If you were to have a discussion about literary sensations of the last few years, one book that would certainly come up is Pachinko by Min Jin Lee. A sweeping family saga, starting in Korea at the turn of the 20th century, there are few books that have received as many commendations as Pachinko. It is a National Book Award finalist, a New York Times Top Ten Book of the Year, a finalist for the Dayton Literary Peace Prize, and winner of the Medici Book Club Prize. There have been countless Pachinko book club discussions, it has been translated into over 27 different languages, and it has a rating of over four stars after 116,000 reviews on Goodreads! And when Apple launches its streaming service in the fall of 2019, it will include a series adaptation of the novel. TL;DR: Pachinko is a marvel.
And here’s something else to marvel at: Pachinko is only Min Jin Lee’s second novel. In 2007, she gave the world Free Food for Millionaires, a family epic about greed, ambition, love, and immigration. It has also achieved huge success; it was a national bestseller that landed on a lot of the end-of-the-year lists and a 2019 One Book, One New York nominee.
A few years ago, I had the fortune of seeing Min Jin Lee talk about what inspired her to write Pachinko. She told such a sad, beautiful tale about a Korean family she had read about, I don’t think that there was a dry eye in the house. It inspired me to pick up Free Food for Millionaires while I waited for the release of Pachinko, and I loved it.
If you have never read either of Min Jin Lee’s novels or would like to be inspired to read them again, allow me to tell you about each of them! I think they are both excellent and have as many similar themes and situations as they do different ones. Both novels make for great book club discussions. But which one would you pick first?
Casey Han is the strong-willed, Queens-bred daughter of Korean immigrants, who aspires to climb the social ladder. Recently out of college, she is living well beyond her means and dating a terrible man. Casey longs to be a successful investment banker, or at least do something to impress the judgmental members of her parents' tight-knit community, but it isn't until she runs into an old friend that she has the opportunity she desires. But not before she catches her no-good boyfriend cheating on her with two women.
A position in a dress shop opens doors that Casey is looking for, and she decides against enrolling in Columbia Law School in favor of chasing her social-climbing dreams. We are also introduced to her sister, Tina, who is juggling marriage, med school, and a baby. And we learn that Casey's mother is being pursued by a church elder. Free Food for Millionaires is a thoughtful, intricate look at dreams and goals, and how they don't always look like what we were expecting when we finally reach them.
Pachinko is another outstanding novel about dreams and responsibilities but told by four generations over the course of the 20th century. It starts with Sunja, the teenage daughter of a Korean fisherman. She lets herself fall for a fast-talking businessman and finds herself pregnant and alone after discovering that her lover is married. As the weeks go by and Sunja helps her mother take care of their boarding house, a solution presents itself: A sickly minister has stopped in on his way to Japan. He offers to marry Sunja and be the father of her baby if she accompanies him to Japan. Seeing as how this is the best, least-shameful option that Sunja's family can think of, soon she finds herself on a boat to Japan.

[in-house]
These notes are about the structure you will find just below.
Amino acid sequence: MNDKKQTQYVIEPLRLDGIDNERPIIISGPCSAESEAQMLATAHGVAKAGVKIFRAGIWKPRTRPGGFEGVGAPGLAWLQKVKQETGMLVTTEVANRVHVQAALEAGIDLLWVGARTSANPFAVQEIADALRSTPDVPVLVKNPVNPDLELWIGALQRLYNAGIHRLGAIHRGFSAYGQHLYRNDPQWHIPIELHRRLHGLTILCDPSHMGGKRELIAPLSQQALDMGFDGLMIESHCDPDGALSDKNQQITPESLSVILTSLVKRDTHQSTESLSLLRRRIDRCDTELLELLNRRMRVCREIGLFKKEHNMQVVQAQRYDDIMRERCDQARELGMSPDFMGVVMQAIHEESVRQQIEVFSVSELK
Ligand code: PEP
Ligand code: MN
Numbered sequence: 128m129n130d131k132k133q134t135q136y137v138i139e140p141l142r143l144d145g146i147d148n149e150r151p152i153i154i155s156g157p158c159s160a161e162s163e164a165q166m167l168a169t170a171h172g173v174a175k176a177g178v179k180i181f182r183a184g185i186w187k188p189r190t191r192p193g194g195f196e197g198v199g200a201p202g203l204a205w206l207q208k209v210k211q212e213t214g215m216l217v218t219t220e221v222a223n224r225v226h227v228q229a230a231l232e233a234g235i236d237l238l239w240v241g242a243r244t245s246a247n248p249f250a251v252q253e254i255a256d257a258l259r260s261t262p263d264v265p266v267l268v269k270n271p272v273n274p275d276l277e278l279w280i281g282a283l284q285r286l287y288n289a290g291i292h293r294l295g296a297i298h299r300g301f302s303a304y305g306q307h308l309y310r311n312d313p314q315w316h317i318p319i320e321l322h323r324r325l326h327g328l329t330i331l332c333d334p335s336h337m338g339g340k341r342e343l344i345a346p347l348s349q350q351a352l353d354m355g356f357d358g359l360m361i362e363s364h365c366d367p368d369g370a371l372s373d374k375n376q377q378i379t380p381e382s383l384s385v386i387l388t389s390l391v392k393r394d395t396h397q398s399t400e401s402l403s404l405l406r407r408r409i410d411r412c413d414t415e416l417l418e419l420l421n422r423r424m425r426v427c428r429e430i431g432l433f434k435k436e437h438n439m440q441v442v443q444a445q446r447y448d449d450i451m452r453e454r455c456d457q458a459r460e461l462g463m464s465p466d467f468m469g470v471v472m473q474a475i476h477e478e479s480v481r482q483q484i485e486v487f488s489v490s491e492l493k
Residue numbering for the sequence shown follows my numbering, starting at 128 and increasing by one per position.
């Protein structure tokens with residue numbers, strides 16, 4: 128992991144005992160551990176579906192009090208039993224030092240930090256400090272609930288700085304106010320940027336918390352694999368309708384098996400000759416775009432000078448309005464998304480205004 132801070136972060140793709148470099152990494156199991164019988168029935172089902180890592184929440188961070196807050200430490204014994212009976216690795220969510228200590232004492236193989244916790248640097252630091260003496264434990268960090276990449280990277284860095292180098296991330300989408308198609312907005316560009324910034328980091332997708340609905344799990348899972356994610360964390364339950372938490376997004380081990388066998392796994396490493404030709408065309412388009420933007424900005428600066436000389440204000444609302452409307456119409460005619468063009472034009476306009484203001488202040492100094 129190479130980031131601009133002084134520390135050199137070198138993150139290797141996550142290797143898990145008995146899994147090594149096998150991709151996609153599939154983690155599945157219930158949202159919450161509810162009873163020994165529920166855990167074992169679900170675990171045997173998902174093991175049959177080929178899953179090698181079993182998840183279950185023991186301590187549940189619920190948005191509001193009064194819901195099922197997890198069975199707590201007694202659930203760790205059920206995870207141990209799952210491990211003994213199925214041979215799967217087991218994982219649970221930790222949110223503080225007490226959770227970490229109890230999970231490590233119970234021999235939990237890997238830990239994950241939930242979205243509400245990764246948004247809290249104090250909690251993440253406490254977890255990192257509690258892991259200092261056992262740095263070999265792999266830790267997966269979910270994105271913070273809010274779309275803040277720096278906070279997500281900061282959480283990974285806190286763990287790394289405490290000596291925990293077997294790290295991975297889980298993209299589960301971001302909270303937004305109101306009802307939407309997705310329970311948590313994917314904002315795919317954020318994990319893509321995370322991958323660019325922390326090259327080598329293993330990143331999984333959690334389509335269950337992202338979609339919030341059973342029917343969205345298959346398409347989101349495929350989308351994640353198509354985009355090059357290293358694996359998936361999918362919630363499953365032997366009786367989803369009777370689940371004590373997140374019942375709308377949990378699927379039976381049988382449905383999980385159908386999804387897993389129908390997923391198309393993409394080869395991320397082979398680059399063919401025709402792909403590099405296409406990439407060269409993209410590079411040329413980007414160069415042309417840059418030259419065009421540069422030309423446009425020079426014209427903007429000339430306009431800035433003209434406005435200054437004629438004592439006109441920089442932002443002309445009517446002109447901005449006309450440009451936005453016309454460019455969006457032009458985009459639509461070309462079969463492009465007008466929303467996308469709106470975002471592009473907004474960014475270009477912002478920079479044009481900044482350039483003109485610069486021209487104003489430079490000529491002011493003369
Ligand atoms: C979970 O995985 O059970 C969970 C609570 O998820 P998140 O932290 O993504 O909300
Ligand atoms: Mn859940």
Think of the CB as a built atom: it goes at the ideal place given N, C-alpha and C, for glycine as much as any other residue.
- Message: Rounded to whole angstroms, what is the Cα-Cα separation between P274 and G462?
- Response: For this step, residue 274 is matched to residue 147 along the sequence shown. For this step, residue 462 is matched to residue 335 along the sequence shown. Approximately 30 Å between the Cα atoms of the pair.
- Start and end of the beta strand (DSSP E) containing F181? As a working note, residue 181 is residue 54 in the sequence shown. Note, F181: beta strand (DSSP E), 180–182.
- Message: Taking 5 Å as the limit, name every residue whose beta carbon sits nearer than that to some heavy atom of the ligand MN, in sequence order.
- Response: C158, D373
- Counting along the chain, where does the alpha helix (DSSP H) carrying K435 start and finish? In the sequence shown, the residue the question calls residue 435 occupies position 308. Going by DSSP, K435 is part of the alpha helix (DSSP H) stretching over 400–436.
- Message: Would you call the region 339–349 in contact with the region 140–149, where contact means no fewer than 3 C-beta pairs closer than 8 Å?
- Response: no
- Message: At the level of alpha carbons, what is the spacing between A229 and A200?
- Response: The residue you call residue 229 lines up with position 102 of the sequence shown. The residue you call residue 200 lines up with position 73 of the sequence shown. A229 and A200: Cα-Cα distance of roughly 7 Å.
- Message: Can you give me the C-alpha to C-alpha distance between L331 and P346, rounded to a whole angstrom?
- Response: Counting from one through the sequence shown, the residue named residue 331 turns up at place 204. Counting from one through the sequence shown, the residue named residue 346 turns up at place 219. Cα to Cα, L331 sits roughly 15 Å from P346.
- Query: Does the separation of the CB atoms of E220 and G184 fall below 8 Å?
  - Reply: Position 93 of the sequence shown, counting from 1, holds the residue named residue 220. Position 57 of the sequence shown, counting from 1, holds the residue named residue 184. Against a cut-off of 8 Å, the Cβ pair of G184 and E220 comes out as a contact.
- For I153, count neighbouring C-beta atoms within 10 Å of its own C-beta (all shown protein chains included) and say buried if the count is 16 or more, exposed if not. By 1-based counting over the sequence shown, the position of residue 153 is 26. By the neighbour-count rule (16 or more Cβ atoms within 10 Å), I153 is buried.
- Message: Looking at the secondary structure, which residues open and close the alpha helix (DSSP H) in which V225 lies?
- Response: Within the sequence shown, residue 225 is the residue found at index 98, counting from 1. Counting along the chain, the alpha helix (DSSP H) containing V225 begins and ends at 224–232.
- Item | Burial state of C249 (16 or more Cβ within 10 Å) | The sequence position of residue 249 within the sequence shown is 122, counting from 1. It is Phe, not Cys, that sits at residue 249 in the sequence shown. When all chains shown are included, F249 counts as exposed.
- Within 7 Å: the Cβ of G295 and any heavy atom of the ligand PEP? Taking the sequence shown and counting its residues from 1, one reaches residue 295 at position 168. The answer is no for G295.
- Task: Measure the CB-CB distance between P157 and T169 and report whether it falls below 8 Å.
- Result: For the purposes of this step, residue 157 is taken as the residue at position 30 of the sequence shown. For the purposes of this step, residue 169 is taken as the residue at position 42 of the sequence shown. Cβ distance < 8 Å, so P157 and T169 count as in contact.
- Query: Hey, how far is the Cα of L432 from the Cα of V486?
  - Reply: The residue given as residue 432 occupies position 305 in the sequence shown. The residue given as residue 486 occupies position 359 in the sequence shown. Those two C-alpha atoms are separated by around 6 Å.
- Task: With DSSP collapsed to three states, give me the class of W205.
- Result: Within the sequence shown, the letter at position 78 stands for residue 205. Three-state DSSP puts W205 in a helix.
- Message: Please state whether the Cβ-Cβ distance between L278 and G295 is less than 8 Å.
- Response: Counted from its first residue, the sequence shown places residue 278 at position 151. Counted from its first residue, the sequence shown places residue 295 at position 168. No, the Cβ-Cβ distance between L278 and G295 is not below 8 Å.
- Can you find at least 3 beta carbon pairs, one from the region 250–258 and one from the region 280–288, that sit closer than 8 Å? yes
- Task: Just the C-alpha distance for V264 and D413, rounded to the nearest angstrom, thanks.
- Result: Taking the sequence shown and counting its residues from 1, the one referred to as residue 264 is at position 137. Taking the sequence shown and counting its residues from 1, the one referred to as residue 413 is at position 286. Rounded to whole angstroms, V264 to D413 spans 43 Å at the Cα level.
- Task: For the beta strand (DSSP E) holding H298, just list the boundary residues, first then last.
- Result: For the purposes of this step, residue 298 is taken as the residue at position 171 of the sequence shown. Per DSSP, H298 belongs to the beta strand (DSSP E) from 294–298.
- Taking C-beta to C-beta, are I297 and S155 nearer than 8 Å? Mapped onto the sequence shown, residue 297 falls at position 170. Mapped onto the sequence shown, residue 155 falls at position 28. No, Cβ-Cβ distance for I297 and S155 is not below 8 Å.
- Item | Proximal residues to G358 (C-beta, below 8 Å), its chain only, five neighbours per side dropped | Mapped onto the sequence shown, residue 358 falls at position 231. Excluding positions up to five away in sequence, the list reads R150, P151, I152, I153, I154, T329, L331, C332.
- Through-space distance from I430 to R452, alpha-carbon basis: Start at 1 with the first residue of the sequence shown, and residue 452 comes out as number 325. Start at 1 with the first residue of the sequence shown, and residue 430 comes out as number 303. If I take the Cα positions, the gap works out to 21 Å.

But Sunja and her husband, Isak, and soon their young son Noa, face challenges in Japan. Korean immigrants are discriminated against, and Pachinko follows the social and political history between the cultures, along with the ramifications of Sunja's decision to turn her back on her country and the father of her child, decisions that still echo through her family in the present day.
I think Pachinko is compelling for a lot of people because Min Jin Lee discusses a piece of history that is not often represented in stories: Korean immigrants living in Japan. It is a beautiful, moving novel that explores family and love in a hostile world, a theme that rings true for people today in countries all over the world.
Min Jin Lee has said she is working on a third Korean saga. Until then, we have two tremendous novels—and an upcoming television show!—to tide us over.
Resources for Book Clubs:
Min Jin Lee is a recipient of fellowships in Fiction from the Guggenheim Foundation (2018) and the Radcliffe Institute for Advanced Study at Harvard (2018-2019). Her novel Pachinko (2017) was a finalist for the National Book Award for Fiction, a runner-up for the Dayton Literary Peace Prize, winner of the Medici Book Club Prize, and one of the New York Times’ “Ten Best Books of 2017.” Lee’s debut novel Free Food for Millionaires (2007) was one of the best books of the year for the Times of London, NPR’s Fresh Air, and USA Today. She will be a Writer-in-Residence at Amherst College from 2019-2022.
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Most of Tirzah Price’s life decisions have been motivated by a desire to read as many books as humanly possible. She began blogging at TheCompulsiveReader.com in 2007, focusing primarily on YA and children’s lit. Tirzah holds an MFA in Writing for Children & Young Adults from Vermont College of Fine Arts, aka the closest thing to a real Hogwarts that Muggles can find. She has worked as an independent bookseller since 2011, and when not reading you’ll likely find her knitting socks and thinking about narrative structure. Follow her on Twitter: @TirzahPrice.